A “rulebook” of arm’s length interest rates for 2018 (published in the official gazette in March 2018) contains the prescribed interest rates for taxpayers that had or will have related-party financing during 2018. The rulebook is effective 17 March 2018 and applies through 31 December 2018, and has implications for Serbian transfer pricing documentation and income tax treaty requirements.
Under provisions of the income tax law in Serbia, in determining arm’s length interest expense or revenue, taxpayers can elect to apply one of two interest rate methods:
The method elected by the taxpayer must be consistently applied to all intercompany loans. Also, the prescribed interest rate must be applied to interest income / expense recognized during 2018, regardless of the period from which the loan(s) originated.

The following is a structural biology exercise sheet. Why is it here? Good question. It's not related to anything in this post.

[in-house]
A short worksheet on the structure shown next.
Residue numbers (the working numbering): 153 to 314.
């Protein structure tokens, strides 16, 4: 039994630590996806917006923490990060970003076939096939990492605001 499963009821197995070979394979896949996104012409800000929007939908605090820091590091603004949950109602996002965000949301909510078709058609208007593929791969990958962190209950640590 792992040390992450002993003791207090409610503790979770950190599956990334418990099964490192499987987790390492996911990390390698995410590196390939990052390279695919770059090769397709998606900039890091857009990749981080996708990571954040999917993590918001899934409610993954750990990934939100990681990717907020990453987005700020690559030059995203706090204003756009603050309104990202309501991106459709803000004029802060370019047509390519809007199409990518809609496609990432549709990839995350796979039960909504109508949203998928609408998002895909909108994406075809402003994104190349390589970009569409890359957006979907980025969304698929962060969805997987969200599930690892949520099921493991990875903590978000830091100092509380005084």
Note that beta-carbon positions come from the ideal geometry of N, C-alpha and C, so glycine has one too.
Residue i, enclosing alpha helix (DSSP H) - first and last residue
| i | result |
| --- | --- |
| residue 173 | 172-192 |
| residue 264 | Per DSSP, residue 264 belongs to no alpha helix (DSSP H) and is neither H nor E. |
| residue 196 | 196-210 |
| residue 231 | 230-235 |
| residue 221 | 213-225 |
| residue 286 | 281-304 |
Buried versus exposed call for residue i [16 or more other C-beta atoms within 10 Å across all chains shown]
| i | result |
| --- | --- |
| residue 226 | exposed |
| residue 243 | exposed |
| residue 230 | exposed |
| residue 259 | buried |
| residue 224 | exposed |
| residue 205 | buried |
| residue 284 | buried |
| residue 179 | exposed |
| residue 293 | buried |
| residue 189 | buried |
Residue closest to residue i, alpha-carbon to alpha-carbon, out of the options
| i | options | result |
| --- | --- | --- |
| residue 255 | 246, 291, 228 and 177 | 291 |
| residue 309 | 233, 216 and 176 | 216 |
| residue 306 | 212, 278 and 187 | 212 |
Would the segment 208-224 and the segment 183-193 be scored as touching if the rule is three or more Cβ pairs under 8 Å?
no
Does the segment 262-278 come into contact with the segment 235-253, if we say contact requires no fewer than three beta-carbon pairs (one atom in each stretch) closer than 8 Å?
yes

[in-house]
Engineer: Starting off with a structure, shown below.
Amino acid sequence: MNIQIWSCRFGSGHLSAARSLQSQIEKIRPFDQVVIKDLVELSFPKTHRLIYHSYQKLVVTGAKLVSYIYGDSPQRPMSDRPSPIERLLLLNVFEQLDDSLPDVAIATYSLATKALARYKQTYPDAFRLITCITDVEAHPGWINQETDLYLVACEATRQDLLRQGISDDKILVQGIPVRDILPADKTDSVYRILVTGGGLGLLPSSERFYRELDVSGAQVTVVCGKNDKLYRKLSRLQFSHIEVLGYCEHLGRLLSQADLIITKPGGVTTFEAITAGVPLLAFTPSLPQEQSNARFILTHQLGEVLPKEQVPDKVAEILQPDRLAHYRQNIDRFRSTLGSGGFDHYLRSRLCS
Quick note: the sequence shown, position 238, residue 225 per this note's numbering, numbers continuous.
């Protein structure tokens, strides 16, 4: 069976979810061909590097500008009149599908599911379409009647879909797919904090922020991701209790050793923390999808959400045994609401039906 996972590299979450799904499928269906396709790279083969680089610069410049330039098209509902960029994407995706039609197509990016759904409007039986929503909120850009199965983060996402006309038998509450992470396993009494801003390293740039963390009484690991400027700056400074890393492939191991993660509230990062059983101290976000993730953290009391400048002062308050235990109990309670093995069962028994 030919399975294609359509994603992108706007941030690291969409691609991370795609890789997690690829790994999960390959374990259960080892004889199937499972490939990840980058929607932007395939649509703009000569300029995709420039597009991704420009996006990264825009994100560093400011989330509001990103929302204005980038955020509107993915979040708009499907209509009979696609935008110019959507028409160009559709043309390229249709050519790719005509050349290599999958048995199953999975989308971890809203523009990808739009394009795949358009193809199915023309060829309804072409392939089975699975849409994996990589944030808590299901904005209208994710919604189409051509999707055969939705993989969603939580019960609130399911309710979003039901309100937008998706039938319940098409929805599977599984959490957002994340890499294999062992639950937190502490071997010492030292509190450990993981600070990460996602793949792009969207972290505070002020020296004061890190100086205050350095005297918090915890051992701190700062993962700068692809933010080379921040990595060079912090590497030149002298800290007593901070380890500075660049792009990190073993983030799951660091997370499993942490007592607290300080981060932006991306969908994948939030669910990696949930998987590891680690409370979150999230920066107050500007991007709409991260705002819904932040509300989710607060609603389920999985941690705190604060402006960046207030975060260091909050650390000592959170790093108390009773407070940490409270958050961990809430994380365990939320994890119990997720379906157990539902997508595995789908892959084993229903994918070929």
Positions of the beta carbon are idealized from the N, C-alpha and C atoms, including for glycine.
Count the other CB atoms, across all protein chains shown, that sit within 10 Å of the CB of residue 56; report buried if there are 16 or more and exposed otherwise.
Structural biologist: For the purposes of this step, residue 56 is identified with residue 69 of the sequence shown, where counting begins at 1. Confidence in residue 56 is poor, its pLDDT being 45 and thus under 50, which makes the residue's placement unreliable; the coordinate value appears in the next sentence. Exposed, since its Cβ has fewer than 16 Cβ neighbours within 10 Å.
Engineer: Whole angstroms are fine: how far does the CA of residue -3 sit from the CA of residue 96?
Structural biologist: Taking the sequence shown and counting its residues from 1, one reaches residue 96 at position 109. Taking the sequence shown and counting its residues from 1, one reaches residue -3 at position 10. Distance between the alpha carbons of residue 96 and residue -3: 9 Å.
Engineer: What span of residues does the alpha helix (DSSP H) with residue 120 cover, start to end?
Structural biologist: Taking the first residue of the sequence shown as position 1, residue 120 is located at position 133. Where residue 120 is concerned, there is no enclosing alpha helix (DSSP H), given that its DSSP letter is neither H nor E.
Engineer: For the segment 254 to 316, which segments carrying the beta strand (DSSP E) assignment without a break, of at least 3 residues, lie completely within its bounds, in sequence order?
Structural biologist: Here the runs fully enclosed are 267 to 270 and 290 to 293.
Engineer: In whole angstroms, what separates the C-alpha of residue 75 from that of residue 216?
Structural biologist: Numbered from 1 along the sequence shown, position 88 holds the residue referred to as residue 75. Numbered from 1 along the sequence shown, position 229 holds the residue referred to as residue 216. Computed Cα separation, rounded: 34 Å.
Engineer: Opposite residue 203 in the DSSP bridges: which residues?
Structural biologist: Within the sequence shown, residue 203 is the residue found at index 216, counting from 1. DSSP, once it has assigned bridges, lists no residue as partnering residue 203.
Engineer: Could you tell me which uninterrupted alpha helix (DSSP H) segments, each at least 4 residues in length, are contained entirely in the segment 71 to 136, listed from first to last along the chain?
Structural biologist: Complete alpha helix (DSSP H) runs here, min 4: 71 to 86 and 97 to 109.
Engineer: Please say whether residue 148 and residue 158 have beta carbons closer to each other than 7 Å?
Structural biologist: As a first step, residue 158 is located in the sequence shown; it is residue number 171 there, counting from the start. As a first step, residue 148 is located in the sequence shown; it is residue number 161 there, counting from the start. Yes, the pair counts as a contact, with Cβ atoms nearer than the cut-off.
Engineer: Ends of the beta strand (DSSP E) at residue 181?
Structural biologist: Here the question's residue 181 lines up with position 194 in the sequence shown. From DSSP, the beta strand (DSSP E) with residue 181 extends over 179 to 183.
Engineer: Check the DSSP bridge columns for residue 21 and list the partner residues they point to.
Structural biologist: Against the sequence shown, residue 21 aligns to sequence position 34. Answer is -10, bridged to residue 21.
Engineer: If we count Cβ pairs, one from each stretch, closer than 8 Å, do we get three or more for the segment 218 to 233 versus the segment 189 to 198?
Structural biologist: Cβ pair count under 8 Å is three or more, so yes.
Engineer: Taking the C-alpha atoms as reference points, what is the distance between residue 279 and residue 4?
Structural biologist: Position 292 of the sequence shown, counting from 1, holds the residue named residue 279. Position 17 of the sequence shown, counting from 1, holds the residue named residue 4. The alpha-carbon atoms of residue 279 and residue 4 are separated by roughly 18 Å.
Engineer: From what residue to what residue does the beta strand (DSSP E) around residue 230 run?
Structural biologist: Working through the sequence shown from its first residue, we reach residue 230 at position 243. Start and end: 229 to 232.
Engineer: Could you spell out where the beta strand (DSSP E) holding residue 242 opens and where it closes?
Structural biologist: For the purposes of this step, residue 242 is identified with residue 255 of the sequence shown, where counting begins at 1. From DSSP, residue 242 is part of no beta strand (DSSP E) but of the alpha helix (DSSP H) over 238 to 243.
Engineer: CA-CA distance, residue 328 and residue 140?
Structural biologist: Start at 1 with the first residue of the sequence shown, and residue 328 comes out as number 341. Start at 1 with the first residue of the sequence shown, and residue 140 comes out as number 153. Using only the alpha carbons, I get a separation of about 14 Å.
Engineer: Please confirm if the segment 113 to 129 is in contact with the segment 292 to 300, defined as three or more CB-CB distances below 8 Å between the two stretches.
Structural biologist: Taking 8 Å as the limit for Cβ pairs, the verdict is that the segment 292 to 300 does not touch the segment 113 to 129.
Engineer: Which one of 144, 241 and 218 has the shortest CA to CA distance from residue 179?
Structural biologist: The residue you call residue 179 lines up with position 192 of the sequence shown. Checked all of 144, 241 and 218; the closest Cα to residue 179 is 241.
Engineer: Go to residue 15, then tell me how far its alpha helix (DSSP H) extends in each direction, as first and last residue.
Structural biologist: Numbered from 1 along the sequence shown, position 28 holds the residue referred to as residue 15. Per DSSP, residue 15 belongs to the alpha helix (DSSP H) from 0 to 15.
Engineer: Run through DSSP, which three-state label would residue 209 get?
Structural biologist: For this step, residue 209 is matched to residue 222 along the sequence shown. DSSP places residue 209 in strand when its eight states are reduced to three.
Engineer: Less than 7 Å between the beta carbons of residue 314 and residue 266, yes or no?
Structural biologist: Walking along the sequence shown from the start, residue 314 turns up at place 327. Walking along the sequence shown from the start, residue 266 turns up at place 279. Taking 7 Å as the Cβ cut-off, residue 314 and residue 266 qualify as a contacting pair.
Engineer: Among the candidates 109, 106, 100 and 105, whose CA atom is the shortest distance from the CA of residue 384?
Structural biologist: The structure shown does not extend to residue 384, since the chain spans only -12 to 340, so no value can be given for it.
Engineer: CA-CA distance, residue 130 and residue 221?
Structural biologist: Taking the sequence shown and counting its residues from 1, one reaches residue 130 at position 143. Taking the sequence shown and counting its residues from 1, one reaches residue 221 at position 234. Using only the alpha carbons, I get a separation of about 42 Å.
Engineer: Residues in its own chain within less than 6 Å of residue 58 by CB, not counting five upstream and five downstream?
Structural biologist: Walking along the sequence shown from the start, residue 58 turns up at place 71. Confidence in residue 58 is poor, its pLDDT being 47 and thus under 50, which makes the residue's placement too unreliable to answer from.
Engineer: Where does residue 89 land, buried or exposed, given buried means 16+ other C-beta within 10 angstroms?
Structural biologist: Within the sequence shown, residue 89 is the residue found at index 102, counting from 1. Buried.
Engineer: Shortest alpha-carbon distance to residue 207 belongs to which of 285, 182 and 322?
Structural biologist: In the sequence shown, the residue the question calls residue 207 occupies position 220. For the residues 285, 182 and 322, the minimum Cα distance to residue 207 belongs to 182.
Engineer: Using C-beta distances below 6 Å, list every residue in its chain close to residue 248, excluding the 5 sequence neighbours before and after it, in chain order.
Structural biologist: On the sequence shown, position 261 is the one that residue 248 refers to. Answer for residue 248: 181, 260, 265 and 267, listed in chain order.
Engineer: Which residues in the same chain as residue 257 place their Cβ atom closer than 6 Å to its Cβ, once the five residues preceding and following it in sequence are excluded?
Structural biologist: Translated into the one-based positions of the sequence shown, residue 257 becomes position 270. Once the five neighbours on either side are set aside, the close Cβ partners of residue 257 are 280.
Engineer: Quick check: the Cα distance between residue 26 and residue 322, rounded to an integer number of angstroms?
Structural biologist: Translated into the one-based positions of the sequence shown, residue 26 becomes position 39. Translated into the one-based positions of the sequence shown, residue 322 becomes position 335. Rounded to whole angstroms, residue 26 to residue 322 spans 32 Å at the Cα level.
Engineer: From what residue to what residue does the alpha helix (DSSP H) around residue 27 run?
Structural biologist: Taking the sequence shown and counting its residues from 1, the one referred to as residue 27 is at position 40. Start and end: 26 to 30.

The rulebook prescribes separate interest rates for long-term and for short-term borrowings for all non-finance entities, and provides a single interest rate for banks and finance leasing companies (except for RSD-denominated loans).
In determining the amount of interest that is subject to beneficiary rates under an income tax treaty, taxpayers may also use prescribed rulebook rates or apply general OECD-based methods. Unlike the determination of the interest rates for transfer pricing purposes, taxpayers are not limited to one method, but may apply prescribed rates and general methodology interchangeably in determining potential withholding tax exposure.
Read a March 2018 report (Serbian and English) [PDF 105 KB] prepared by the KPMG member firm in Serbia
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